Stutson v. United States of America

Filing 7

MEMORANDUM OF OPINION. Signed by Judge L Scott Coogler on 10/13/2017. (PSM)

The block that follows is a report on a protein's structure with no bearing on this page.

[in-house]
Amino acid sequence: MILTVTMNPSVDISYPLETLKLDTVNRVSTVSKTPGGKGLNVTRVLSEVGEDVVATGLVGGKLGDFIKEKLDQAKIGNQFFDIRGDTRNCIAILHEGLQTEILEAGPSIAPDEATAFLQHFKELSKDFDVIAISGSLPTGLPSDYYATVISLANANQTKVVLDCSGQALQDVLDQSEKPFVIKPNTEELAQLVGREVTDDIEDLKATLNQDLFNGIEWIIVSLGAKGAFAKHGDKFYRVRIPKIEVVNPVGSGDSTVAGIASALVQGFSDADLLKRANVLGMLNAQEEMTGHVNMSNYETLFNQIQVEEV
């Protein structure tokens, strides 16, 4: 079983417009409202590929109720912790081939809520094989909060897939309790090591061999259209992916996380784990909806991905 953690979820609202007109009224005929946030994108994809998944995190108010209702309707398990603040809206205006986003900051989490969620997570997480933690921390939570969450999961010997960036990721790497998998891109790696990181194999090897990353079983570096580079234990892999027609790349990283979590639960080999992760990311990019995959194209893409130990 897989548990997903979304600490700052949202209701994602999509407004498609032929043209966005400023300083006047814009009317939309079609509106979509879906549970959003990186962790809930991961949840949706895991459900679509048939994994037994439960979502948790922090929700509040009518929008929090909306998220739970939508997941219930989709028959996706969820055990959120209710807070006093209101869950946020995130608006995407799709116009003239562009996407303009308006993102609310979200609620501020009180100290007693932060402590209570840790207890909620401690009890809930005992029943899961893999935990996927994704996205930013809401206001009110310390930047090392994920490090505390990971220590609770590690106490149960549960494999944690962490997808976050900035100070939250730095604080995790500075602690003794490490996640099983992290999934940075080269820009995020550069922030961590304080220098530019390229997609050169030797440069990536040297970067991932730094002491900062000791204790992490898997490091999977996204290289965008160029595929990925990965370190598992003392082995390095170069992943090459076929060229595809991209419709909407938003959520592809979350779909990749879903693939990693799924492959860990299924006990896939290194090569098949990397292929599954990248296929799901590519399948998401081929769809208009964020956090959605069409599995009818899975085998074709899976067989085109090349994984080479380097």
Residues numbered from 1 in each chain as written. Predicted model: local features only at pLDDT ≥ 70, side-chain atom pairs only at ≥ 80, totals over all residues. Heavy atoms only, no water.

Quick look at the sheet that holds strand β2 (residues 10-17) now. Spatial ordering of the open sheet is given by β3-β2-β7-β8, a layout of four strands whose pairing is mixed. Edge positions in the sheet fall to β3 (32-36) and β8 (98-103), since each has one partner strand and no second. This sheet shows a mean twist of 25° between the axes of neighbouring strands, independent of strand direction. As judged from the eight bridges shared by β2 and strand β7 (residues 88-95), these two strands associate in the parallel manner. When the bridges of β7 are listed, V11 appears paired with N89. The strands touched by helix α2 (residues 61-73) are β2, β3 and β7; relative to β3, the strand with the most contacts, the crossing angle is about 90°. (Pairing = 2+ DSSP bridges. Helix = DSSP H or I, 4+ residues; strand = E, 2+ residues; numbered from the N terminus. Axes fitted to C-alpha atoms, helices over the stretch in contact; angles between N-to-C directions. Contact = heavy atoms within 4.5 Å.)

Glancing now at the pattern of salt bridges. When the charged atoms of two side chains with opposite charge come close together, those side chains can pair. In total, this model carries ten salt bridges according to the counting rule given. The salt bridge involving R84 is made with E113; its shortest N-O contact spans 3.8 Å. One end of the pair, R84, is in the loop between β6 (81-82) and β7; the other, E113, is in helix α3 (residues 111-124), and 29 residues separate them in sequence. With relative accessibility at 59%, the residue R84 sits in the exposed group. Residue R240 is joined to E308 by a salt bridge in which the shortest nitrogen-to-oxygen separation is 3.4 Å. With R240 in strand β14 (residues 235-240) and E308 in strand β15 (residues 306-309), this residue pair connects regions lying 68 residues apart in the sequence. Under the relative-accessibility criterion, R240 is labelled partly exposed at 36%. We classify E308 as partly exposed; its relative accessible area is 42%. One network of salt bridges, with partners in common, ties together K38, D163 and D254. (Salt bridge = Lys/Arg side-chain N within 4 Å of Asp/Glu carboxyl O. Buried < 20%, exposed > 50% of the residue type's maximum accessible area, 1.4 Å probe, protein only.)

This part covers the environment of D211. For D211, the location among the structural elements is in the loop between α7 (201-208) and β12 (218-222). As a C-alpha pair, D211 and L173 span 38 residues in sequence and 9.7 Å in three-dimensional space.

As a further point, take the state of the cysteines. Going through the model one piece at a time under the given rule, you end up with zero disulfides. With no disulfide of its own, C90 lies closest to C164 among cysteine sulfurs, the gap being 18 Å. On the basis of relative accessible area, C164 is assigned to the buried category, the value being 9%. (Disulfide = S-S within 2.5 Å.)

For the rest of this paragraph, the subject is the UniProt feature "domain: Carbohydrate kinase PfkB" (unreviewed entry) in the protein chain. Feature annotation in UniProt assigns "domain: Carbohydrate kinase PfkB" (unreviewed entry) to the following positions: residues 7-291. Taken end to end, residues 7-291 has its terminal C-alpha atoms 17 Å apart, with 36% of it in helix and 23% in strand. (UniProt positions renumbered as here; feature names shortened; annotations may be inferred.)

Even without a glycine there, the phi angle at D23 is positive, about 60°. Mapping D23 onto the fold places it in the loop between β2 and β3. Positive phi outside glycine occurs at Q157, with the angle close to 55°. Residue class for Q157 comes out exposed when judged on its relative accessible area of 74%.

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FILED 2017 Oct-13 PM 03:41 U.S. DISTRICT COURT N.D. OF ALABAMA IN THE UNITED STATES DISTRICT COURT FOR THE NORTHERN DISTRICT OF ALABAMA SOUTHERN DIVISION EFREM STUTSON, ) ) Petitioner, ) ) vs. ) ) ) UNITED STATES OF AMERICA, ) ) Respondent. ) 2:16-cv-08160-LSC (2:93-cr-00152-LSC-SGC-11) MEMORANDUM OF OPINION This is a pro se motion to vacate, set aside, or correct a sentence filed pursuant to 28 U.S.C. § 2255 by Petitioner Efrem Stutson (“Stutson”) on November 28, 2016. (Doc. 1.) Respondent, the United States, opposes this motion. (Doc. 5.) For the following reasons, the motion is due to be denied. I. Background In June 1994, Stutson was convicted by a jury under 21 U.S.C. § 846 for his part in a wide-ranging conspiracy to possess and distribute large quantities of drugs in the Northern District of Alabama and elsewhere. The Government filed an information, pursuant to 21 U.S.C. § 851, alleging Stutson had previously incurred three drug convictions—convictions he expressly admitted to at his sentencing. 1 These included a 1988 conviction for cocaine possession in San Bernardino, California Superior Court, a 1989 conviction for the sale of a controlled substance in Pomona Judicial District Superior Court, and a 1992 conviction for possession of cocaine in the San Bernardino, California Superior Court. At the time Stutson was sentenced by this Court, all three convictions were for offenses classified as felonies under California law. After attributing Stutson with 16 kilograms of powder cocaine, this Court applied the prior drug convictions, in accordance with 21 U.S.C. § 841(b)(1)(A), and sentenced him to a mandatory term of Life imprisonment. Stutson filed an appeal that was unsuccessful. Since then, he has pursued a number of post-conviction actions, including two habeas motions filed under § 2255, both of which were denied. See 2:01-cv-8005-LSC-PWG and 2:07-cv-8001LSC-PWG. In November 2014, California enacted Proposition 47, known as the “Safe Neighborhoods and Schools Act.” Cal. Penal Code § 1170.18 (codifying Proposition 47). Among other things, Proposition 47 reduces future convictions for certain low-level drug offenses (i.e., possession) from felony to misdemeanor. Proposition 47 also permits previously-convicted defendants to petition the court 2 for a “recall of sentence,” which, if granted, effectively reclassifies their qualifying felonies as misdemeanors. Pursuant to Proposition 47, Stutson petitioned a California state court for a reclassification of his two prior felony drug convictions for cocaine possession. Stutson’s petitions were granted in March and September 2016, and, accordingly, the convictions were reduced to misdemeanors. Stutson now contends in the instant § 2255 motion that because two of his prior felony drug convictions are no longer countable under 21 U.S.C. § 841(a)(1)(A), his Life sentence is illegal, and he is due to be re-sentenced without application of the 21 U.S.C. § 851 enhancements. II. Discussion A. This Court Lacks Jurisdiction to Consider the Motion This is Stutson’s third numerically-filed § 2255 motion. The United States acknowledges that ordinarily this would mean that this Court would lack jurisdiction to consider it because it is “second or successive” and Stutson has not sought or received permission from the Eleventh Circuit Court of Appeals to file it. See 28 U.S.C. § 2255(h) (“A second or successive motion must be certified as provided in section 2244 by a panel of the appropriate court of appeals to contain— (1) newly discovered evidence that, if proven and viewed in light of the evidence as 3 a whole, would be sufficient to establish by clear and convincing evidence that no reasonable factfinder would have found the movant guilty of the offense; or (2) a new rule of constitutional law, made retroactive to cases on collateral review by the Supreme Court, that was previously unavailable.”); 28 U.S.C. § 2244(b)(3)(A) (“Before a second or successive application permitted by this Section is filed in the District Court, the applicant shall move in the appropriate Court of Appeals for an Order authorizing the District Court to consider the application.”); United States v. Holt, 417 F.3d 1172, 1175 (11th Cir. 2005) (“Without authorization, the district court lacks jurisdiction to consider a second or successive petition.”). However, relying upon Stewart v. United States, 646 F.3d 856 (11th Cir. 2011), the United States’s position is that Stutson’s failure to seek the requisite permission is not fatal to his claim because the basis for his claim did not exist before the reclassification of his two prior California felonies through operation of Proposition 47 and well after his first and second § 2255 motions had been filed and dismissed. In Stewart, the Eleventh Circuit held that there are limited circumstances in which a numerically-second § 2255 motion may not be “second or successive” under the Antiterrorism and Effective Death Penalty Act of 1996 (“AEDPA”). 646 F.3d at 857; see also Slack v. McDaniel, 529 U.S. 473, 486 (2000) (explaining that 4 the phrase “second or successive,” as used in AEDPA, is a term of art); Panetti v. Quarterman, 551 U.S. 930, 943-44 (2007) (“The phrase ‘second or successive’ is not self-defining. It takes its full meaning from our case law, including decisions predating the enactment of the [AEDPA.”). The Stewart prisoner, convicted of distributing more than 50 grams of cocaine base in violation of 21 U.S.C. § 841(a)(1), (b)(1)(A)(iii) and 18 U.S.C. § 2, had filed his first § 2255 motion, and had then successfully challenged the state convictions that were predicate convictions for his career offender sentence. 646 F.3d at 857–58. One month after his state convictions were vacated, he filed a second-in-time § 2255 motion, and requested vacatur of the career offender enhancement pursuant to Johnson v. United States, 544 U.S. 295 (2005). Id. at 858. In Johnson, the Supreme Court addressed the fourth paragraph of 28 U.S.C. § 2255(f)(4), which states: “A 1-year period of limitation shall apply to a motion under this section. The limitation period shall run from the latest of—(4) the date on which the facts supporting the claim or claims presented could have been discovered through the exercise of due diligence.” The Johnson Court held that a state court vacatur is a matter of “fact” that refreshes the one-year AEDPA statute of limitations period, as long as the petitioner has shown due diligence in seeking the vacatur order. 544 U.S. at 302. The district court in Stewart had dismissed the prisoner’s second-in-time § 2255 5 motion as successive, but the Eleventh Circuit reversed, explaining that the basis for the second-in-time § 2255 motion—vacatur of the predicate state convictions— did not exist at the time of the prisoner’s first § 2255 motion, and thus the numerically second motion was not “second or successive” within the meaning of AEDPA. 646 F.3d at 863–65. The court also said that the prisoner had acted diligently in pursuing the vacatur and in bringing a subsequent § 2255 motion raising a claim, under Johnson, that the statute of limitations for bringing his claim had been refreshed. Id. at 863–64. In reaching the conclusion that the Stewart prisoner’s motion was not “second or successive,” the Eleventh Circuit discussed with approval the Fifth Circuit’s decision in Leal Garcia v. Quarterman, 573 F.3d 214 (5th Cir. 2009), where that court held that a prisoner’s second habeas petition, based upon a 2005 declaration by President George W. Bush to enforce an order of the International Court of Justice, was not “second or successive.” According to Leal Garcia, the prisoner’s second motion to vacate was not “second or successive” because the defect complained of did not even come into existence until the state of Texas decided it would not respect the President’s 2005 directive to comply with the International Court of Justice’s order. 573 F.3d at 223–24. 6 Stewart and Leal Garcia, however, emphasized the distinction between claims based on a factual predicate that was “merely undiscoverable” and claims based on a defect that was altogether nonexistent. Stewart, 646 F.3d at 863; Leal Garcia, 573 F.3d at 222. In explaining why the Stewart prisoner could bring his second motion to vacate without it being considered “second or successive,” the Eleventh Circuit said: “[C]laims based on a factual predicate not previously discoverable are successive,” but “[i]f . . . the purported defect did not arise, or the claim did not ripen, until after the conclusion of the previous petition, the later petition based on that defect may be non-successive.” Leal Garcia, 573 F.3d at 221, 222. We are not faced with a claim based on facts that were merely undiscoverable. Rather, Stewart has presented a claim, the basis for which did not exist before the vacatur of his predicate state convictions—after his first § 2255 motion had already been filed and dismissed. Stewart, 646 F.3d at 863. The Eleventh Circuit later applied the Stewart holding in Boyd v. United States, 754 F.3d 1298 (11th Cir. 2014). In Boyd, the petitioner, whose sentence was enhanced pursuant to 21 U.S.C. § 851 based on two prior state convictions, filed an initial § 2255 motion in which he did not argue the validity of those state convictions. Id. at 1300. His convictions were later vacated, and the petitioner requested to be resentenced in his second and third § 2255 motions, which were dismissed as successive. Id. After his fourth § 2255 motion, in which he raised the 7 same claim, was also dismissed as successive, the court held that, under Stewart, the petitioner’s initial § 2255 motion did not render his fourth § 2255 motion successive because the grounds for the fourth § 2255 motion—the vacatur of his state conviction—did not exist at the time of the initial § 2255 motion. Id. at 1300– 02. Even though both parties agree that Stutson’s situation is similar enough to the facts of Stewart and Boyd that it is fair to conclude that Stutson’s third § 2255 motion is not successive, and thus considerable on its merits by this Court, the Court is hesitant to extend Stewart’s holding to the facts under consideration here. As an initial matter, the jurisdiction of this Court cannot be established through waiver. See In re Morgan, 717 F.3d 1186, 1193 (11th Cir. 2013) (“The bar on second or successive motions is jurisdictional . . .”); Gonzalez v. Thaler, 132 S. Ct. 641, 648 (2012) (“Subject-matter jurisdiction can never be waived or forfeited.”). Additionally, the Stewart and Boyd petitioners’ prior felonies were vacated, and not merely reclassified as misdemeanors, as were Stutson’s. This factual difference is important because both the Stewart and Boyd petitioners were able to utilize the Supreme Court’s holding in Johnson that “a defendant given a sentence enhanced for a prior conviction is entitled to a reduction if the earlier conviction is vacated.” 544 U.S. at 303 (emphasis added); see also Stewart, 646 F.3d at 859, 864– 8 65 (“The vacatur order gives a defendant . . . the basis to challenge an enhanced federal sentence . . . .”). In other words, the Stewart and Boyd petitioners’ § 2255 motions were more likely to be meritorious because of Johnson, a fact that may have influenced the Eleventh Circuit in its decision that the “gatekeeping” provision of § 2255(h) did not apply in those cases. In contrast here, there is no corresponding authority that Stutson may avail himself of stating that reclassification of a prior felony necessarily entitles a prisoner to a sentence reduction on collateral review. In fact, and as explained in the next section addressing the merits of Stutson’s claim, Stutson’s argument has been squarely rejected by the Ninth Circuit. See United States v. Diaz, 838 F.3d 968, 972 (9th Cir. 2016) (“California’s actions [in enacting Proposition 47]—taken long after [the defendant’s] state conviction became ‘final’—have no bearing on whether § 841’s requirements are satisfied.”). Further, the Eleventh Circuit, sitting en banc, refused to extend Stewart to allow a petitioner to file an otherwise successive petition in order to argue that his classification as a career offender under the U.S. Sentencing Guidelines was erroneous because his prior conviction for felony child abuse can no longer be considered a “crime of violence” after Begay v. United States, 553 U.S. 137 (2008). 9 See Spencer v. United States, 773 F.3d 1132, 1143 (11th Cir. 2014) (en banc). The court reasoned: Spencer’s prior conviction has not been vacated [as it was in Johnson and Stewart], and that distinction matters. When a conviction is vacated, that vacatur constitutes a “new ‘fact’” with which the petitioner can challenge his sentence. Stewart, 646 F.3d at 858. But here, Spencer argues no new factual basis for reversing his sentence. He presents instead an argument of legal innocence. Even if we were to agree with Spencer that he is “innocent” as a career offender, that legal innocence falls far short of factual innocence, the kind of innocence involved in Johnson and Stewart. See McKay v. United States, 657 F.3d 1190, 1199 (11th Cir. 2011) (“[A]ctual innocence means factual innocence, not mere legal insufficiency.” (internal quotation marks omitted)). If we were to conclude that felony child abuse was not a “crime of violence,” that legal conclusion would not negate the fact that Spencer committed a serious crime. The sentencing judge would consider his prior conviction for felony child abuse anew during resentencing. Johnson and Stewart cannot stand for the proposition that a prisoner sentenced under advisory guidelines whose prior convictions remain valid can establish that an error in sentencing is a complete miscarriage of justice. Id. As in Spencer, and as explained further in the next section, Stutson’s claim that his prior felonies are no longer countable for purposes of his enhanced sentence is more akin to one of legal innocence than factual innocence. See Diaz, 838 F.3d at 975 (observing that “Proposition 47 does not change the historical fact that [the defendant] violated § 841 ‘after two or more prior convictions for a felony drug offense [had] become final’”) (quoting 21 U.S.C. § 841(b)(a)(A))). 10 In sum, it appears that whether the AEDPA’s ban on successive petitions without prior authorization may be lifted in any particular case is a fact-specific inquiry. The facts at issue here differ from those in Stewart and Boyd because the event making Stutson’s third § 2255 motion “ripe” is the reclassification of his prior felonies, not their complete vacatur. Nor is Stutson’s case similar to the facts of the cases relied upon by the Eleventh Circuit for the proposition that the successive petition ban is not always a bright-line rule. See, e.g., Pannetti, 551 U.S. at 945 (carving out an exception to the ban on successive petitions for prisoners raising a claim of incompetency to be executed pursuant to Ford v. Wainwright, 477 U.S. 399 (1986), and describing the case’s “unusual posture”). It is a close question, but in the absence of Eleventh Circuit precedent on point, 1 the Court is of the opinion that in the absence of an authorizing order from the Eleventh Circuit, this Court lacks jurisdiction to consider Stutson’s claim. The Court’s independent research has revealed that other federal district courts have proceeded differently when faced with this issue. Compare Damper v. United States, 2017 WL 3025973 (S.D. Miss. Feb. 22, 2017) (ruling that it was without jurisdiction to consider petitioner’s successive § 2255 motion premised on a Proposition 47 claim) with United States v. Ogburn, 2017 WL 1067750, at *1 (D. Mont. March 21, 2017) (applying Stewart to hold that a prisoner’s § 2255 motion based upon the reclassification of his prior felony convictions under Proposition 47 is not a second or successive petition because it presents a ground that was not ripe during the first habeas petition); McFarland v. United States, 2016 WL 6600071 (Nov. 8, 2016) (applying Pannetti to hold that because California’s Proposition 47 was not effective until November 5, 2014, the petitioner’s § 2255 motion was not ripe at the time he filed his previous § 2255 motion and § 2255(h)’s requirement does not apply). 1 11 However, in an abundance of caution and in the event the Eleventh Circuit were to determine that this Court should have, in fact, considered the merits of Stutson’s claim, the Court will now explain why Stutson’s claim fails on its merits.2 B. Stutson is Not Entitled to Relief on the Merits Stutson moves this Court to declare his current Life sentence illegal, following the California court’s determination that the prior convictions used to enhance his federal sentence are now deemed misdemeanors. As noted, the Ninth Circuit has recently squarely rejected Stutson’s argument. Diaz involved a federal drug conspiracy, as in this case, and the Ninth Circuit held that California’s Proposition 47 does not undermine a prior conviction’s felony status for purposes of 21 U.S.C. § 841. 838 F.3d at 972. The court stated that federal law, not state law, governs the interpretation of federal statutes, and described § 841 as a “backward-looking” statute, which requires “only that a defendant have committed his federal crime ‘after two or more prior convictions for a felony drug offense have become final.’” Id. (quoting 21 U.S.C. § 841(b)(1)(A)). Thus, the court concluded, a state’s subsequent change to a state conviction, after it becomes final, “‘does not alter the historical fact of the [prior Assuming Stutson’s claim is properly before this Court, it is also timely. See 28 U.S.C. § 255(f)(4) (“A 1-year period of limitation shall apply to a motion under this section. The limitation period shall run from the latest of—(4) the date on which the facts supporting the claim or claims presented could have been discovered through the exercise of due diligence.”). 2 12 state] conviction’ becoming final—which is what § 841 requires.” Id. (quoting United States v. Dyke, 718 F.3d 1282, 1292 (10th Cir. 2013)). Accordingly, the defendant in Diaz, who was sentenced to Life under § 841(b)(1)(A) and whose prior conviction was later reclassified in the same manner as Stutson’s, was entitled to no relief. The Eighth Circuit has also rejected a similar argument made by a § 2255 petitioner that he no longer qualified as a career offender after a Minnesota state court granted his motion for early discharge from probation on two prior state law felonies, the effect of which changed his felony convictions to misdemeanors under Minnesota law. See Hirman v. United States, 613 F.3d 773, 775 (8th Cir. 2010). The Eighth Circuit distinguished the situation before it—involving state felony convictions that were deemed to be misdemeanors by the Minnesota court—from cases in which a defendant may successfully attack a federal sentence if that sentence was enhanced based on a prior state conviction which is later vacated. Id. (citing Johnson, 544 U.S. at 302–03). Also engaging in a backward-looking analysis, the Eighth Circuit stated, “The fact remains that [the defendant] was convicted of crimes that were ‘punishable by . . . imprisonment for a term exceeding one year,’ U.S.S.G. § 4B1.2, comment (n.1), thereby exposing him to an enhanced sentence.” 13 Id. at 776. The state court’s action changing the prior convictions to misdemeanors under Minnesota law did “nothing to alter this analysis.” Id. Even if the Court were to reject the decision in Diaz and find that Stutson’s sentence is no longer supported by two convictions for a felony drug offense, his claim is still without merit and he is due no relief. Section 2255, as the Eleventh Circuit has noted, “does not provide a remedy for every alleged error in conviction and sentencing.” Spencer, 773 F.3d at 1138. Indeed, a district court lacks authority to review alleged errors, unless the claimed error constitutes “a fundamental defect which inherently results in a complete miscarriage of justice.” Hill v. United States, 368 U.S. 424, 428 (1962). This standard was subsequently refined in United States v. Addonizio, where the Supreme Court ruled that a “lawful” sentence did not result in a “complete miscarriage of justice.” 442 U.S. 178, 186-87 (1979). A lawful sentence is one that does not exceed the statutory maximum sentence. Spencer, 773 F.3d at 1144; Sun Bear v. United States, 644 F.3d 700, 705 (8th Cir. 2011) (en banc) (noting that an unlawful sentence is one imposed without, or in excess of, statutory authority). In this case, the Life sentence that the Court imposed upon Stutson is a lawful sentence. Because of the quantity of drugs attributable to him, Stutson was sentenced under 21 U.S.C. § 841(b)(1)(A). That statute essentially provides a 14 three-tiered range of punishment: if a defendant has no prior felony drug convictions, he faces a sentence of not less than 10 years or more than Life; with one prior felony drug conviction, his range increases to 20 years to Life; and with two or more prior felony drug convictions, he receives a mandatory term of Life. Because Stutson had incurred what were then three prior convictions for a felony drug offense, he was in the third tier—requiring the Court to impose a Life sentence. Granted, the offenses underpinning two of those convictions are no longer considered felonies following the Proposition 47 reclassification. But, even if one assumes these convictions may not be used now to enhance Stutson’s punishment, it is of no consequence; the statutory maximum he faced at the time was Life, regardless of enhancement. If Stutson were to be re-sentenced today, this Court would consider the reclassified convictions, along with Stutson’s lengthy criminal history (Category VI), and impose the same sentence. See Spencer, 773 F.3d at 1140. Because Stutson’s Life sentence is entirely lawful, there has been no “complete miscarriage of justice,” and he is due no relief. III. Conclusion For the reasons stated above, the § 2255 motion is due to be denied. Additionally, the Court declines to issue a certificate of appealability. This Court may issue a certificate of appealability “only if the applicant has a made a 15 substantial showing of the denial of a constitutional right.” 28 U.S.C. § 2253(c)(2). To make such a showing, a “petitioner must demonstrate that reasonable jurists would find the district court’s assessment of the constitutional claims debatable and wrong,” Slack v. McDaniel, 529 U.S. 473, 484 (2000), or that “the issues presented were adequate to deserve encouragement to proceed further.” Miller-El v. Cockrell, 537 U.S. 322, 336 (2003) (internal quotations omitted). Stutson’s claim does not satisfy either standard. Accordingly, insofar as an application for a certificate of appealability is implicit in Stutson’s motion, it is due to be denied. A separate closing order will be entered. DONE and ORDERED on October 13, 2017. _____________________________ L. Scott Coogler United States District Judge 160704 16